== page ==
Exhibition Day

The day of the exhibition has finally arrived and we are all ready to set up. Corina did an amazing job cutting out and then stenciling the nAture logo I had designed onto individual t-shirts so we would be easily identified as the organizers once wearing them, by any of our guests.

We designed and printed out flyers and posters we distributed around the university and set up a Facebook events page to invite guests and advise them to download their soundscape before the event and bring headphones if possible, if not we had bought several new pairs should anyone need them.

We converted our photos into A1 size and printed them out as giant posters on lightweight paper.

After much experimentation we’d finally found a way to attach them to the subway walls using double sided tape that would be superfast to put up but would also be easily removable at the end of the exhibition and not cause any damage to the bricks/tiles.


As we were worried about causing any obstructions in a public walkway a few of us met our guests at Ellen Terry reception and we walked them down to the rest of our group who were waiting with the artwork, headphones and some light refreshment. We did this in timed blocks so the area never got too busy but we also limited the amount of people we invited because of this too. If we were to run an event like this again I think we would put it on for longer and have guests book timed slots before the event, via Eventbrite or a similar online free ticket provider, and then we would be able to invite a lot more people.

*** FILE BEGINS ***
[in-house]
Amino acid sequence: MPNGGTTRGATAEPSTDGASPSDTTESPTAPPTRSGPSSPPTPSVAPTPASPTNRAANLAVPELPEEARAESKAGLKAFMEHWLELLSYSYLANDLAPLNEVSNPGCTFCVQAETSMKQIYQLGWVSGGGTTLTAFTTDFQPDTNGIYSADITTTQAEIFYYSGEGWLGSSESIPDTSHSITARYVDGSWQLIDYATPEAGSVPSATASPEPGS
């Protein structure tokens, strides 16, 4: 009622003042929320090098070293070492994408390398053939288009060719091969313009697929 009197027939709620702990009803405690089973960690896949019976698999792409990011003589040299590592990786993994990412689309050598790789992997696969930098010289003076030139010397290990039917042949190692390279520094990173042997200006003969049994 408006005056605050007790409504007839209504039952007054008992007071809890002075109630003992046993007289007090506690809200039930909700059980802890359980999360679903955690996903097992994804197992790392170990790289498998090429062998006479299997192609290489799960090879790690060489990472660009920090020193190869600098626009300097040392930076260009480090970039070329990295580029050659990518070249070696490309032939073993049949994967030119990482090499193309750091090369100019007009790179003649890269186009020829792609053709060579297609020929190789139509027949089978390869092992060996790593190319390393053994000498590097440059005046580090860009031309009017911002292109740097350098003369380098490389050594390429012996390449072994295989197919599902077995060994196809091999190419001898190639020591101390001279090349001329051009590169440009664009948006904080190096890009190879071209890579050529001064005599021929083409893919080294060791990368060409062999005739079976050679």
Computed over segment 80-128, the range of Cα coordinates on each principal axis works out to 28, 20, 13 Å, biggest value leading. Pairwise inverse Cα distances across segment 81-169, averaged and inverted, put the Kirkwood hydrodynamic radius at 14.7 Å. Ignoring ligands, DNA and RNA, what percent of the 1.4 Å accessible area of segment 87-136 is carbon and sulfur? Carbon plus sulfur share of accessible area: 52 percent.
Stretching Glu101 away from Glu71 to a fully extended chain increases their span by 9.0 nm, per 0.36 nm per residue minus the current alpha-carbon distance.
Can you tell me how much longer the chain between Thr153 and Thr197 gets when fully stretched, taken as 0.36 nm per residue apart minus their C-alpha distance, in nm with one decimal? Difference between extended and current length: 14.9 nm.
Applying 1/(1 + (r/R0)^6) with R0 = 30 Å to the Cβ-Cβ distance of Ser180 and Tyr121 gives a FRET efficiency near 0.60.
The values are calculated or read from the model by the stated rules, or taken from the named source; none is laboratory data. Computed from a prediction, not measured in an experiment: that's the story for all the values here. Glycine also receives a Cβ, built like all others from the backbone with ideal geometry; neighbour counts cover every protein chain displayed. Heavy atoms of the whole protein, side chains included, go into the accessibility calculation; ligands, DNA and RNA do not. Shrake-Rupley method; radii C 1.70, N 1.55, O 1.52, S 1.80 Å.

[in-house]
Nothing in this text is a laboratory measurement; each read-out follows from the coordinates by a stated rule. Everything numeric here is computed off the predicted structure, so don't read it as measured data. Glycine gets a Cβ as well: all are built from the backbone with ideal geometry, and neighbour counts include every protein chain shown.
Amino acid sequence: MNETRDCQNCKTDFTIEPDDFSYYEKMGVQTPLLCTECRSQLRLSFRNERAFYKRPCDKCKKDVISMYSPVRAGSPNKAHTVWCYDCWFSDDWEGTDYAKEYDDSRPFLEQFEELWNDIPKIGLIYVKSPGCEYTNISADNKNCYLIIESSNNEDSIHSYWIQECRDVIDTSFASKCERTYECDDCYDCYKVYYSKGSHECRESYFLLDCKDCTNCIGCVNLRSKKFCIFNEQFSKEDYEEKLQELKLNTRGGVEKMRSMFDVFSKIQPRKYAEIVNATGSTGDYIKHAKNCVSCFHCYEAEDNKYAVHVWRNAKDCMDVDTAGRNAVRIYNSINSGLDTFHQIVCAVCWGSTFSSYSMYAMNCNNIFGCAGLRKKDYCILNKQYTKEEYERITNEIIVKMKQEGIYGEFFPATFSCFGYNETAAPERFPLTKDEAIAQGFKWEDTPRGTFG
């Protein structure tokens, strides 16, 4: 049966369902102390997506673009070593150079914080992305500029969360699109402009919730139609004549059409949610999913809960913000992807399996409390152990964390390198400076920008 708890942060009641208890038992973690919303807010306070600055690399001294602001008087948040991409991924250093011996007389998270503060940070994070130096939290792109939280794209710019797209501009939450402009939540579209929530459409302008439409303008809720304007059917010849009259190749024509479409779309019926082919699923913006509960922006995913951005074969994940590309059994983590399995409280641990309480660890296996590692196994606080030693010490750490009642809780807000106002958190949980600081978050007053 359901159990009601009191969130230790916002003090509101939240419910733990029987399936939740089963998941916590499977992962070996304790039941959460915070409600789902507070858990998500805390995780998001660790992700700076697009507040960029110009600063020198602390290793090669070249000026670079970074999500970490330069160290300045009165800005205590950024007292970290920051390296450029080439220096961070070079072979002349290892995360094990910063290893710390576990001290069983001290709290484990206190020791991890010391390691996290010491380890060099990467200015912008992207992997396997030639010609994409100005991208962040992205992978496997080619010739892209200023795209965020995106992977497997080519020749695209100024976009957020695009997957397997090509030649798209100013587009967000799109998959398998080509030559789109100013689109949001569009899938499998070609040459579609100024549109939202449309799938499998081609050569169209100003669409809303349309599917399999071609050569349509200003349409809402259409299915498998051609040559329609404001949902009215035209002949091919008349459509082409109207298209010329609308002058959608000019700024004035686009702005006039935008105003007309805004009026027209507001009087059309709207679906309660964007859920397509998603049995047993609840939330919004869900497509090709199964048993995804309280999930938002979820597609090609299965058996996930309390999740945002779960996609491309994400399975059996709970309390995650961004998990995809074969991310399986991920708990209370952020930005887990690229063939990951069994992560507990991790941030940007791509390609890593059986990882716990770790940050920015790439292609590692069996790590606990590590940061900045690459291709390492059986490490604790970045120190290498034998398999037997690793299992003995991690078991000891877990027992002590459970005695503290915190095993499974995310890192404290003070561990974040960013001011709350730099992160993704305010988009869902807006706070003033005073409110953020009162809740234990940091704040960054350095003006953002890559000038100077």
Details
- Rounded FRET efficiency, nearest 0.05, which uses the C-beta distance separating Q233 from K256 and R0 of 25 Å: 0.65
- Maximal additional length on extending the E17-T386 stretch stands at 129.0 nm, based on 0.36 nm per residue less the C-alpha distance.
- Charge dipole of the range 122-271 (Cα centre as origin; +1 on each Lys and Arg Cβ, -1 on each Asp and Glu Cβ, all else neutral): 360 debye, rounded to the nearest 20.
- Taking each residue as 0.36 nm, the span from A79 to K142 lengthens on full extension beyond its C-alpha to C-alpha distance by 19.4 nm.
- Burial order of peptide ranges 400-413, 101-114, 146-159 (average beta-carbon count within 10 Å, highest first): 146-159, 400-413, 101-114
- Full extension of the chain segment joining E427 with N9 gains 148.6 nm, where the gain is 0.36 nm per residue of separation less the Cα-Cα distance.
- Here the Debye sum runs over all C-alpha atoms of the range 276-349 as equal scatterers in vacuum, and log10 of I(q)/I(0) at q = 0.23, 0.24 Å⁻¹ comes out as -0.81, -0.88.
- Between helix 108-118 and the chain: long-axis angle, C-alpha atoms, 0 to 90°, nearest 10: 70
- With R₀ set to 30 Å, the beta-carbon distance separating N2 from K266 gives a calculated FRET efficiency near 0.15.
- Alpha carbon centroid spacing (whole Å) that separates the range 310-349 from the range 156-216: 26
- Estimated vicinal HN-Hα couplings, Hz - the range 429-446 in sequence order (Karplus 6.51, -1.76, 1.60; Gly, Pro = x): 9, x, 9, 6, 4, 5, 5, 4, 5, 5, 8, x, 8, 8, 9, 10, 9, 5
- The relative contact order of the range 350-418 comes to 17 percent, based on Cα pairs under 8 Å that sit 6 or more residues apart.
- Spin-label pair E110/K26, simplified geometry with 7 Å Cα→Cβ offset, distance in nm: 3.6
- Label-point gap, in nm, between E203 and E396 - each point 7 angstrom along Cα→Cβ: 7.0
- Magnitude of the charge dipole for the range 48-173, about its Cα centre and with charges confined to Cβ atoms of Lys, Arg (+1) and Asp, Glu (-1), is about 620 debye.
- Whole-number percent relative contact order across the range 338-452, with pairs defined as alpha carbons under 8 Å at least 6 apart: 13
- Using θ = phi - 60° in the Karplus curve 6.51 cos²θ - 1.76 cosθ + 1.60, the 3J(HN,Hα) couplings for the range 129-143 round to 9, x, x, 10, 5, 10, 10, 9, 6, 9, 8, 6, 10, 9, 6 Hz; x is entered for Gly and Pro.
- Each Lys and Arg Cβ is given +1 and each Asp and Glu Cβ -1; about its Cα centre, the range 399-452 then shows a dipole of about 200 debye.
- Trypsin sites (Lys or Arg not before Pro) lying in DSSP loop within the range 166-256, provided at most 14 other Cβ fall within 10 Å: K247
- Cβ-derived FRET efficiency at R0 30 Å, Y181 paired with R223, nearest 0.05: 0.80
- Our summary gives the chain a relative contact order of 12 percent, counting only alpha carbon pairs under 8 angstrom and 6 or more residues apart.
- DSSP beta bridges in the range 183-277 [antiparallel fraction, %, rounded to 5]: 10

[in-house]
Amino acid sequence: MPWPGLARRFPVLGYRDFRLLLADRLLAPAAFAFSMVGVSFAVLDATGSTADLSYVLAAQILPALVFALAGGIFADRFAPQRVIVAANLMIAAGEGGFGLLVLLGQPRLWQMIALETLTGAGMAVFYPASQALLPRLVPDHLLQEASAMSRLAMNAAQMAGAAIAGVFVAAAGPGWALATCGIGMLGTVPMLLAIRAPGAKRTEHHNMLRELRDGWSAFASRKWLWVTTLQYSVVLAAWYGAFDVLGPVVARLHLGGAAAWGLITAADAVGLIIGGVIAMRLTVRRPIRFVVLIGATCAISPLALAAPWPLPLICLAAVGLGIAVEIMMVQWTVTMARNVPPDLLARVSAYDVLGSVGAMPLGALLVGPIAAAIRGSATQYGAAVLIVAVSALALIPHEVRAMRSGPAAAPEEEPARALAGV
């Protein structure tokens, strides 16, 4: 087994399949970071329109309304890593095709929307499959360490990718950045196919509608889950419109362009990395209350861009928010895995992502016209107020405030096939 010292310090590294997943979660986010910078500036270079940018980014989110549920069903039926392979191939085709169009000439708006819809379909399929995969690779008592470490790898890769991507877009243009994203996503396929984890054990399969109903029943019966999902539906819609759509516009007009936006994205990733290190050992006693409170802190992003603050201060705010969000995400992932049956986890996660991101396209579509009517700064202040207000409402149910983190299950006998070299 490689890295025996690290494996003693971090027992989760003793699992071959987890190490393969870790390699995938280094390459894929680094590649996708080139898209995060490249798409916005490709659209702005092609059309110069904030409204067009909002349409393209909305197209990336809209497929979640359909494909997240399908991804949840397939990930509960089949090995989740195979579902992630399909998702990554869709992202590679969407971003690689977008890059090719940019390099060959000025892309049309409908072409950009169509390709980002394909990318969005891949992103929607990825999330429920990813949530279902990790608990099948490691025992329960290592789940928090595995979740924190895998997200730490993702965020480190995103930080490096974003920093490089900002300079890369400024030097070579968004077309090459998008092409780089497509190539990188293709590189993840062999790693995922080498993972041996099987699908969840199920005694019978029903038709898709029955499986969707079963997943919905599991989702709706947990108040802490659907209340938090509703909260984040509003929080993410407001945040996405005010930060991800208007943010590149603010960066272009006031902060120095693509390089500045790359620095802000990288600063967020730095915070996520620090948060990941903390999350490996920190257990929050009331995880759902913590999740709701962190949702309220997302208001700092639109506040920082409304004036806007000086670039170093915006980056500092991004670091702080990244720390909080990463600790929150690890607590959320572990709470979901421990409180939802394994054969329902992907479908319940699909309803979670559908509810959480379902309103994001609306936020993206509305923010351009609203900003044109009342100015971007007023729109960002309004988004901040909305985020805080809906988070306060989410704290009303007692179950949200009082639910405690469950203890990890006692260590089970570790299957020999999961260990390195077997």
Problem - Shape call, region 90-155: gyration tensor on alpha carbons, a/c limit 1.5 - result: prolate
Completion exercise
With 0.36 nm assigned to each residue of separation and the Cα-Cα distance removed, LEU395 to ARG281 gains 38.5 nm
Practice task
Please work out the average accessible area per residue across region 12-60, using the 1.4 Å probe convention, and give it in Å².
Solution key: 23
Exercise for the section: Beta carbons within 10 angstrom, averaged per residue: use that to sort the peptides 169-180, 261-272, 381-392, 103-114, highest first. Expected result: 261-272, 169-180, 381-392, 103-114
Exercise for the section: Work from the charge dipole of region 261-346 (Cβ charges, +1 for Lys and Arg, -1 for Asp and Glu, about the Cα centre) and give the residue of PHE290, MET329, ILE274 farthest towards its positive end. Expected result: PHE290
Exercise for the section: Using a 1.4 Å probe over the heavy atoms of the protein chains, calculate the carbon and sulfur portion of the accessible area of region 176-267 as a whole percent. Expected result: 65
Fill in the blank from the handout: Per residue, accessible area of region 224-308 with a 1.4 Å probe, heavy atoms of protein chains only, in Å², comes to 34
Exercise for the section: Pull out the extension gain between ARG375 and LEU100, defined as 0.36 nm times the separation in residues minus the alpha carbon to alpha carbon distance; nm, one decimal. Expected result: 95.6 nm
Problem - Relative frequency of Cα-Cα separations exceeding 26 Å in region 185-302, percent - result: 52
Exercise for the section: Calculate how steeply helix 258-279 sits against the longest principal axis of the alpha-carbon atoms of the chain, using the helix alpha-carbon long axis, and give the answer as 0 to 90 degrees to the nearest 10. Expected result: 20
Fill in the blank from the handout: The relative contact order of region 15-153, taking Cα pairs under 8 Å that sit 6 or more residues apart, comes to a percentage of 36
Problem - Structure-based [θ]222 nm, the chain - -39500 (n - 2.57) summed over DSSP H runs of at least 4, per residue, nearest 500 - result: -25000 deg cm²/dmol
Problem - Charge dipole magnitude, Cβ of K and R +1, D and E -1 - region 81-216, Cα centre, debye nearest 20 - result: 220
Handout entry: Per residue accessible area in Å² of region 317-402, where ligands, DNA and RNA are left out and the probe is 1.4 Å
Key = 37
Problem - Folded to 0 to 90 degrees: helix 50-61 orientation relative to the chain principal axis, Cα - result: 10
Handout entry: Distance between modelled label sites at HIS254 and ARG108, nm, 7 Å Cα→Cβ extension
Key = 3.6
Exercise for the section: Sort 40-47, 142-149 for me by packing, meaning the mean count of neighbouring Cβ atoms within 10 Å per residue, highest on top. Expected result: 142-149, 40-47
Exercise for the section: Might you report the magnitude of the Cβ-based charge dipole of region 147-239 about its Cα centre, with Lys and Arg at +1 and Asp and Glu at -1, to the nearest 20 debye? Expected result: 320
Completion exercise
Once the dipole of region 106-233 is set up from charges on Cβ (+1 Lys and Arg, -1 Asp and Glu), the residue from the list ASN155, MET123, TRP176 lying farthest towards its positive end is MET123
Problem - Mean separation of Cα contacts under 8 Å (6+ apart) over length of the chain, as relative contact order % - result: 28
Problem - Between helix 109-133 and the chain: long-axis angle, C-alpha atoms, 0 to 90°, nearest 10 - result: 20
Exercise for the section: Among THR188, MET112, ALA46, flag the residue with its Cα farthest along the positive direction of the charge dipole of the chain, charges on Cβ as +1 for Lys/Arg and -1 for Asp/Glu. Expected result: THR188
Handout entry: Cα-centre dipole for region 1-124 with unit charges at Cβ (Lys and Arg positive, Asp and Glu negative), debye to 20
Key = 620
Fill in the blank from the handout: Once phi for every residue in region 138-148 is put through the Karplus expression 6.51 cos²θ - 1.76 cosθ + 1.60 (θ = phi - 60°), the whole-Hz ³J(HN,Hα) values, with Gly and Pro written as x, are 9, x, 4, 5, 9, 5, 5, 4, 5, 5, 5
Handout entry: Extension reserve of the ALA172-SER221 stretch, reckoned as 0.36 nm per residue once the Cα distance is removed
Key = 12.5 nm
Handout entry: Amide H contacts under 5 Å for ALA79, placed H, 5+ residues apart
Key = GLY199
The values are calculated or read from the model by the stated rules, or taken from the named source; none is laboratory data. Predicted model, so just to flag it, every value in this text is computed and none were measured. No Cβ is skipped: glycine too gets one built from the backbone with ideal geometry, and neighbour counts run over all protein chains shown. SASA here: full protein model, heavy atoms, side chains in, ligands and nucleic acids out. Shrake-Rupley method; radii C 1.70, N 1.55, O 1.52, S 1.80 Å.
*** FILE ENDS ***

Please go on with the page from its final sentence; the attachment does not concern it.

If we had had access to more portable projectors I really would have liked to have used four, rather than just the two we had, so the whole ceiling would have been flooded with imagery rather than just sections of it.


Despite this the guests really seemed to enjoy the nature videos which contrasted with the exhibition’s urban setting and photography. The headphone soundscape also seemed to blend perfectly with the sound of the traffic from the ring road overhead, which really echoed our idea of urban and nature working side by side.


Overall I feel the exhibition was a success. It may not have been the most well attended or the most professional looking exhibition but we set out to do something quite different to our peers, and also a little bit risky, with it being in a public place, but I feel the risk paid off. I would really like to hold another guerrilla exhibition in the future with a more political theme, making more of a statement and reaching more members of the public. I would also be interested in possibly documenting passerbys’s reactions, as this was one of my favorite parts of the exhibition, seeing everyone’s reaction to it. This exhibition has really inspired me and shown me exactly what myself and my fellow team members can do when we put our minds to it and pull together.

Arts Gymnasium